European Union: Obtaining Discovery From EU After GDPR's Passage

Authored by Dr. Christian Schröder, Jeffrey McKenna and Renee Phillips

In April 2016, the European Union (EU) adopted a major overhaul of its data privacy laws to better address new technologies and provide a more coherent approach across different EU Member States. The new law, known as the General Data Protection Regulation (EU) 2016/679 (GDPR) takes effect on May 24, 2018. It will replace the patchwork of national laws created under the old Directive 95/46/EC with a more unified law directly binding each Member State and threatening significant fines amounting to 4 percent of a company's global turnover for non-compliance.

Significantly, the GDPR includes new provisions addressing litigation-related international data transfers. These new provisions create both new perils and opportunities when personal data must be transferred from the EU to the United States for use in discovery.

Article 48: The Good and Bad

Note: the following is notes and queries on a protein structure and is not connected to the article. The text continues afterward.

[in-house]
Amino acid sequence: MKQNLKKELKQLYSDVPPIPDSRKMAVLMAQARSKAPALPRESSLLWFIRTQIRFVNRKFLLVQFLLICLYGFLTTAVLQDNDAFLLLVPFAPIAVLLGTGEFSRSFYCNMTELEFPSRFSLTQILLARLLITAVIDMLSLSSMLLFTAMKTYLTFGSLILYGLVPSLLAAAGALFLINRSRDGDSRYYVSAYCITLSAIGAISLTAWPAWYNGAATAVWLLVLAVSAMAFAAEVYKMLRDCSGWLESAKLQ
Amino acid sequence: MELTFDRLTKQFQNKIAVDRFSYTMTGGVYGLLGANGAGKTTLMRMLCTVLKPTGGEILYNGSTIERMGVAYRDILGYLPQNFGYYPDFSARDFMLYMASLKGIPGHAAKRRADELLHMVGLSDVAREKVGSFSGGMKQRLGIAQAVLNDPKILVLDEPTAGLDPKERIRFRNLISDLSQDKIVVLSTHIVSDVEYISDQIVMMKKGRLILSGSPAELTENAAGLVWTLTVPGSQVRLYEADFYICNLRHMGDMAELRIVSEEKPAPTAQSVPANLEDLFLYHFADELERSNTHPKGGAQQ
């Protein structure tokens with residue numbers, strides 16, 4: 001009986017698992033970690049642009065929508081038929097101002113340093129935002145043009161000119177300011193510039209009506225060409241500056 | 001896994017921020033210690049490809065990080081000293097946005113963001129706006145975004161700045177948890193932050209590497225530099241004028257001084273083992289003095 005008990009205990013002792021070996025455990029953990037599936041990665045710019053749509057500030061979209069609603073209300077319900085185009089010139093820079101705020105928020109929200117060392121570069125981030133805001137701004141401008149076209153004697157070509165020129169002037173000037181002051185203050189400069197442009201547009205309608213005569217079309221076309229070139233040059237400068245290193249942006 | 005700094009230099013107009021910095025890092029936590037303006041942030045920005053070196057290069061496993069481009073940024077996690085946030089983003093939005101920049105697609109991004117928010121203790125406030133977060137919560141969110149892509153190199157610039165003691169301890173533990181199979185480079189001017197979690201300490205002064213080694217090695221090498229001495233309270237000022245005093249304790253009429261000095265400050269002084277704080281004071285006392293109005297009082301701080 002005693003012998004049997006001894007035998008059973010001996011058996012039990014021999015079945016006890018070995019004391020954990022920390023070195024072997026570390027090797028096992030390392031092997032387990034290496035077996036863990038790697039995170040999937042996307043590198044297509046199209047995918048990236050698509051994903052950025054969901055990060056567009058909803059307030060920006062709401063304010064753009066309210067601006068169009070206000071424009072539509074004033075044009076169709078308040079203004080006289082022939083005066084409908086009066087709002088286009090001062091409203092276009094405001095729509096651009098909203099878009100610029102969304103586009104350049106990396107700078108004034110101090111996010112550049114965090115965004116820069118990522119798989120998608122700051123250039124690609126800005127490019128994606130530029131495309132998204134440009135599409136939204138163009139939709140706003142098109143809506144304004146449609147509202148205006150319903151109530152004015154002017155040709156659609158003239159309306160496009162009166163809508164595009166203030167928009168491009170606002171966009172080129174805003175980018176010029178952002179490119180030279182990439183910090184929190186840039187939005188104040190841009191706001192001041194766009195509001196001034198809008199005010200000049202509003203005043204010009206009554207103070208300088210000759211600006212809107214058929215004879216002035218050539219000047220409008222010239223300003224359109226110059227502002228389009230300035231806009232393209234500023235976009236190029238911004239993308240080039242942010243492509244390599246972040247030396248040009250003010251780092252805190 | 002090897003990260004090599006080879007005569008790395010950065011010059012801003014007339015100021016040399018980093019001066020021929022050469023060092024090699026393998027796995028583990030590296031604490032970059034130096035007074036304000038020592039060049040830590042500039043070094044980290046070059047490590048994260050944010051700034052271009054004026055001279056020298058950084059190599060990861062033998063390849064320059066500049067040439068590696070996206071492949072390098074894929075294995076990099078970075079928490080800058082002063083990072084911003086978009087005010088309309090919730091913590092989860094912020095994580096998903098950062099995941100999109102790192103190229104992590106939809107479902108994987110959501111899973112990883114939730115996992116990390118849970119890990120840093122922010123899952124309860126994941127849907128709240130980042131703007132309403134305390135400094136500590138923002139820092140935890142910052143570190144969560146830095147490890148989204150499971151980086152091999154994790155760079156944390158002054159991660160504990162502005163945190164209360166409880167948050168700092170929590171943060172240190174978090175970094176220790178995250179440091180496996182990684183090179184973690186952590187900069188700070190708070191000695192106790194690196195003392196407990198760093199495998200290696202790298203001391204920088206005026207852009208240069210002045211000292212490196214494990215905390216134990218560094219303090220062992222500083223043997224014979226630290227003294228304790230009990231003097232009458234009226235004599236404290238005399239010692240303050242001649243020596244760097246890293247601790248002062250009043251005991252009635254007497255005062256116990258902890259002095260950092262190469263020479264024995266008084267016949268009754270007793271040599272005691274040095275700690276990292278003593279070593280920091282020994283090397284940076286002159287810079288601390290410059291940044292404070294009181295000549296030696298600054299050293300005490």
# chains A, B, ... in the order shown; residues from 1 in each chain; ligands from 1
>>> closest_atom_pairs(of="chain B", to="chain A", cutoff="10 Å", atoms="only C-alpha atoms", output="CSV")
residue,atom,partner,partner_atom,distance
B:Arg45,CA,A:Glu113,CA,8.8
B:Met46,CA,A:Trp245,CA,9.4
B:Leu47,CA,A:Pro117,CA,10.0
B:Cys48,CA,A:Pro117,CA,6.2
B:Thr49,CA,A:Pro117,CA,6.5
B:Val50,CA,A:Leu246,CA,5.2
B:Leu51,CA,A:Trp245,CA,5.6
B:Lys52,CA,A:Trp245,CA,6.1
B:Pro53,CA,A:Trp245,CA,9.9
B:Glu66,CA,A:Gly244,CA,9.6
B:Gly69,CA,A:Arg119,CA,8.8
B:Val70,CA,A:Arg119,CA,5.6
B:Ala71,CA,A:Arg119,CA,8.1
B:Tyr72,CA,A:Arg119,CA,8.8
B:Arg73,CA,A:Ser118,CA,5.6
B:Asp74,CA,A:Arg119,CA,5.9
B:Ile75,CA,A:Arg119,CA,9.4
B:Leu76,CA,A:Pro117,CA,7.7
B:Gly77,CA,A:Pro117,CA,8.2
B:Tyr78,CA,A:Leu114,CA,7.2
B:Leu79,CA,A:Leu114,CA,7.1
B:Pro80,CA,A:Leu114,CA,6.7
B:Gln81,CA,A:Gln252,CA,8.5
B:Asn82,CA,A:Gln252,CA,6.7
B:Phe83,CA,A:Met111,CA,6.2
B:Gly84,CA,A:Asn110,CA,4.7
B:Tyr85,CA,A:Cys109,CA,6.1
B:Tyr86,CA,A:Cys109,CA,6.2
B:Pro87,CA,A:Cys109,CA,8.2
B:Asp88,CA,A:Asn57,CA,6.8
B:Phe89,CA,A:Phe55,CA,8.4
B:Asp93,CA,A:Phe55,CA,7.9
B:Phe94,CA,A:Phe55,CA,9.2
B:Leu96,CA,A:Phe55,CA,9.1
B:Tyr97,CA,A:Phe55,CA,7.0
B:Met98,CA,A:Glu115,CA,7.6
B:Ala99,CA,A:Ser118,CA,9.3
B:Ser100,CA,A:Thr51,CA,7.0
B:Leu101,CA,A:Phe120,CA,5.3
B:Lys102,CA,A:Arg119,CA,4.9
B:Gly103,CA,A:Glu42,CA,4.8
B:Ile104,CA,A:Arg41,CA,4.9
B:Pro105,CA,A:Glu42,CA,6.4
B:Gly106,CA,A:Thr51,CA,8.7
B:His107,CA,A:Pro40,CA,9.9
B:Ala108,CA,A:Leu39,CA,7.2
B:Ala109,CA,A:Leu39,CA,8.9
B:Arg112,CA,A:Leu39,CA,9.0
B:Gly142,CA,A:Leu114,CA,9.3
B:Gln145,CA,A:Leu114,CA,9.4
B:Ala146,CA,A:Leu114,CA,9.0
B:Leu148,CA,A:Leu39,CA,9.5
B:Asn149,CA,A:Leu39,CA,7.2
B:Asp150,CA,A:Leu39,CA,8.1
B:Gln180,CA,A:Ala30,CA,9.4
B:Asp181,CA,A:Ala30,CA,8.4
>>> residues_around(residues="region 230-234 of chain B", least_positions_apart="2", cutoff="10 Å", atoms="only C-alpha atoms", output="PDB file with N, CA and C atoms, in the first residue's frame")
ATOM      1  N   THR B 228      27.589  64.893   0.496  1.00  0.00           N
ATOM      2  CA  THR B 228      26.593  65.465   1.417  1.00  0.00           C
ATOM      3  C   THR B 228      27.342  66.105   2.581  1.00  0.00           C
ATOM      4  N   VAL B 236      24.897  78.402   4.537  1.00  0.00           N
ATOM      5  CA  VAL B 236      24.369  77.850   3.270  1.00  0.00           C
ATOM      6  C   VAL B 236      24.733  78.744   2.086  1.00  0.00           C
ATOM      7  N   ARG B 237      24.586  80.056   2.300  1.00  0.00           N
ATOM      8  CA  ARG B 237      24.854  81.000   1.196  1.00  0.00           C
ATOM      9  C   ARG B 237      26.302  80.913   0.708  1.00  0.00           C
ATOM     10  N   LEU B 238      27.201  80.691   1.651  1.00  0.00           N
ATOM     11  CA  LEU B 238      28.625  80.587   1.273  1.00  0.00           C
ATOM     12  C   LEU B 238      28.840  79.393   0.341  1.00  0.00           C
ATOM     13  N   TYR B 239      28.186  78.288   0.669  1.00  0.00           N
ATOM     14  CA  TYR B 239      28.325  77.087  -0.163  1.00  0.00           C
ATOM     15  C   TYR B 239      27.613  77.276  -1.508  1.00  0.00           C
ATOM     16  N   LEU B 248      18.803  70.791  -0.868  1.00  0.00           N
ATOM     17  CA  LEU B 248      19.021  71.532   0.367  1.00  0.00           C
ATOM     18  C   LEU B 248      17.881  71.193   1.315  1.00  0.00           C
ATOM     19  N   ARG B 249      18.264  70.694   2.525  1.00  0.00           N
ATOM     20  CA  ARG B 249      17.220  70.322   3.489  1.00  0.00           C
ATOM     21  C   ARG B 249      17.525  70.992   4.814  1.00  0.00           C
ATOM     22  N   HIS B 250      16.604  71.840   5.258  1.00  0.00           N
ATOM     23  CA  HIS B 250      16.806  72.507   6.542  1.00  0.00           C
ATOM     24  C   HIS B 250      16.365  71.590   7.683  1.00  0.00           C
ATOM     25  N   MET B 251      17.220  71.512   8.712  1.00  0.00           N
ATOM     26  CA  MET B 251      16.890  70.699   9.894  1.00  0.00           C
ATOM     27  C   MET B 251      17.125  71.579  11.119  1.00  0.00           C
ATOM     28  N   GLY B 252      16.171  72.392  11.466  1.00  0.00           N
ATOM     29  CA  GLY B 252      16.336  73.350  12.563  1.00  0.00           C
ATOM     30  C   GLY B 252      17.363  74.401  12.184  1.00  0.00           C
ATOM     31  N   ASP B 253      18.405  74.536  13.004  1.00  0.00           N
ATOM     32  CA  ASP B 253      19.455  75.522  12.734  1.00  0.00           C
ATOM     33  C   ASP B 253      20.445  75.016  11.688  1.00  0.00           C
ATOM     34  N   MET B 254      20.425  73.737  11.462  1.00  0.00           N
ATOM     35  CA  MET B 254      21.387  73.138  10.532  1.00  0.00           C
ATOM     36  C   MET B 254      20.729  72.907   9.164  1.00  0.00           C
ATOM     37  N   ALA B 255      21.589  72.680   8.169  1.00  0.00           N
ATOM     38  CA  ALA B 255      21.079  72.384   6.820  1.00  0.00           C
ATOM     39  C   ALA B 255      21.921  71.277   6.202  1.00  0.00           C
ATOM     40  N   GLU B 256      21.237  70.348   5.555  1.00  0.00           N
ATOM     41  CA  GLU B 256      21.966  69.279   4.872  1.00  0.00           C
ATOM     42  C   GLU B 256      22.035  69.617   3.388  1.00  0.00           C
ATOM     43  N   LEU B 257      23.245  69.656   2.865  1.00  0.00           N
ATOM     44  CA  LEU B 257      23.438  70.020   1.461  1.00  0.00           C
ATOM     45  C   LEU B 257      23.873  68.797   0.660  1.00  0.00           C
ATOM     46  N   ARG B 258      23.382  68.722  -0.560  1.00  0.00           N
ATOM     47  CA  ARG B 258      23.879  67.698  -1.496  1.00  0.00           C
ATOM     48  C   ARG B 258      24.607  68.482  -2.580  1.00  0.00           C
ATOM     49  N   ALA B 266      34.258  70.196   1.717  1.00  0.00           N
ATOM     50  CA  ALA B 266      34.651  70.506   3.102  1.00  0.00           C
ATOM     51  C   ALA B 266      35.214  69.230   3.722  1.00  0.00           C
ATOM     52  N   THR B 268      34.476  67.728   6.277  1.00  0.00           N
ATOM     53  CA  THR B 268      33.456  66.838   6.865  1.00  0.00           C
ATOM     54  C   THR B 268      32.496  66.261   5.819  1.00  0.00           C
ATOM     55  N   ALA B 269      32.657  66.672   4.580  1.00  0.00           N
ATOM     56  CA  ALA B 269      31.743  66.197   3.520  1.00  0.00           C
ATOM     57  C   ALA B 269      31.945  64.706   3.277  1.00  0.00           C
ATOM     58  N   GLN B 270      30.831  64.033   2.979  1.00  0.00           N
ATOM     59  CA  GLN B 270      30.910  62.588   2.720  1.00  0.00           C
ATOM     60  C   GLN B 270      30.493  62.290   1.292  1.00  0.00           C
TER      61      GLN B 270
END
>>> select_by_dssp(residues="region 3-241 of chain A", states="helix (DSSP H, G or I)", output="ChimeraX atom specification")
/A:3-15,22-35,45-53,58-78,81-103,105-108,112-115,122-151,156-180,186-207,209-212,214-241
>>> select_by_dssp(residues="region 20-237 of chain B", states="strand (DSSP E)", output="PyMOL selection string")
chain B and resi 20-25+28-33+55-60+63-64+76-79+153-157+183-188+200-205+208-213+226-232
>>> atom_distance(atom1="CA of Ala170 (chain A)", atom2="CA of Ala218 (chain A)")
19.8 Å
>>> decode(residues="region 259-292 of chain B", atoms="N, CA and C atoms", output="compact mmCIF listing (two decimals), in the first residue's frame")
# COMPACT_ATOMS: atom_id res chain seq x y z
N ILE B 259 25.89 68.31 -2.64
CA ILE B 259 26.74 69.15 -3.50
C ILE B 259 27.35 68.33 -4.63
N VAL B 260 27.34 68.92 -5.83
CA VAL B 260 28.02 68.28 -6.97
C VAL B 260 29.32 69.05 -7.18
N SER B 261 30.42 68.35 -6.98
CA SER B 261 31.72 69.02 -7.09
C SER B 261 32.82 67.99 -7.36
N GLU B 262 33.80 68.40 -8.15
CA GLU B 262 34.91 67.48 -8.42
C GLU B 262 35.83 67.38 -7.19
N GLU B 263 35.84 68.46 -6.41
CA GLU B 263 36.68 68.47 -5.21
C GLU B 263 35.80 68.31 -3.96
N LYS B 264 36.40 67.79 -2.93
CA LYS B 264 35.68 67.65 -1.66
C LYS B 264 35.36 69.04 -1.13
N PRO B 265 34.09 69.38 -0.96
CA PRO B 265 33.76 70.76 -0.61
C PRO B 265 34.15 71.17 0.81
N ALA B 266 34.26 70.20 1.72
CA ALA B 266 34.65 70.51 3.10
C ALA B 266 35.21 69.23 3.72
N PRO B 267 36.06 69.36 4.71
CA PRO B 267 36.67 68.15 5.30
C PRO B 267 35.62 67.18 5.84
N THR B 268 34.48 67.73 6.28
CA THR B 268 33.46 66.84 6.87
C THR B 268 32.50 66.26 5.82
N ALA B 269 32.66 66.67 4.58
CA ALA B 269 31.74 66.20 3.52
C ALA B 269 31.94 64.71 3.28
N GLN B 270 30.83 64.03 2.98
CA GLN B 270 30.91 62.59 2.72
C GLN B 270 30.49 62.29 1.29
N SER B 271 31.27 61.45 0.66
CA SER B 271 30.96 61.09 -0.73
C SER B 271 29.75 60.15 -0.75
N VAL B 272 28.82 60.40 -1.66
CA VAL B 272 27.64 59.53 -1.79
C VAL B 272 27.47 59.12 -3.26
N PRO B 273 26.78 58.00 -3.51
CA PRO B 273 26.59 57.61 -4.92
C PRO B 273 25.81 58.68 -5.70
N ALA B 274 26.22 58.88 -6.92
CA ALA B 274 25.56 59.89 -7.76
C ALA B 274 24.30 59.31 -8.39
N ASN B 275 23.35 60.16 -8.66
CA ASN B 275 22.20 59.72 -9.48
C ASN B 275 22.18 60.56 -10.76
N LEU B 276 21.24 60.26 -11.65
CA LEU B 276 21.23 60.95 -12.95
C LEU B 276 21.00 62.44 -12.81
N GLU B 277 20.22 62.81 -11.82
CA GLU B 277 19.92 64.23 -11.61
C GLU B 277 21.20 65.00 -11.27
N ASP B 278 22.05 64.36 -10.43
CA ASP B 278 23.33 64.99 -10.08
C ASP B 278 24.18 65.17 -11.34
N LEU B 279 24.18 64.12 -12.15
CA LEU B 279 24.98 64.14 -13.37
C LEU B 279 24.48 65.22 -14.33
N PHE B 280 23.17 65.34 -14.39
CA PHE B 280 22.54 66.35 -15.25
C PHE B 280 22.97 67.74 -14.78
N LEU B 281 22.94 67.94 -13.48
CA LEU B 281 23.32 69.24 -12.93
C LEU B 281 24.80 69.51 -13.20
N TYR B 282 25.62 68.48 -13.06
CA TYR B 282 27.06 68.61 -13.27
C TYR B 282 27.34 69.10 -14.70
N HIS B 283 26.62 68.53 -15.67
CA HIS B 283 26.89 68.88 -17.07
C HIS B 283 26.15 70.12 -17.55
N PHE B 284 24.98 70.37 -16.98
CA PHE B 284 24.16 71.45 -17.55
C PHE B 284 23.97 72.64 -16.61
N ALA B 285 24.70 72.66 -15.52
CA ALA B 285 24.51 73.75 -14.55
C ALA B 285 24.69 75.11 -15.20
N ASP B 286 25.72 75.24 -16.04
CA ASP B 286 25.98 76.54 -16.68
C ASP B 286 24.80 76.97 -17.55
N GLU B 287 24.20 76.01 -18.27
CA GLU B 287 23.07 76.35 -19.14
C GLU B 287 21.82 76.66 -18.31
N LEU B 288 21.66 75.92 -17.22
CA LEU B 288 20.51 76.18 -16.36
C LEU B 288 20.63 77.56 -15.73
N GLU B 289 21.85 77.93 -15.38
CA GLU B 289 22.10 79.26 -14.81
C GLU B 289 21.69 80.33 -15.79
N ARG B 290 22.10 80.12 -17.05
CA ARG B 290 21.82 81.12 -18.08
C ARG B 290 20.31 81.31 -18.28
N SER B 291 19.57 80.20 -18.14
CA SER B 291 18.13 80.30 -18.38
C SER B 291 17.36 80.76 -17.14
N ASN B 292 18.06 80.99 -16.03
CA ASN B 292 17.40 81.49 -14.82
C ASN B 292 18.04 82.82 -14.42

When drafting the GDPR, EU legislators recognized the pressure U.S. authorities often place on companies subject to EU data privacy laws and wanted to send a clear signal that companies should resist such pressure and better respect EU privacy restrictions. The result was Article 48, which notes that "any judgment of a court or tribunal and any decision of an administrative authority of a third country requiring [an entity holding EU data] to transfer or disclose personal data may only be recognizable or enforceable ... if based on an international agreement, such as a mutual legal assistance treaty (MLAT) ... ." The provision presents an obstacle because most Member States do not have MLATs with the U.S., and even those that exist often do not always cover U.S. pretrial discovery. Article 48 further notes that it is without prejudice to other grounds for international transfers set forth in Chapter V of the GDPR.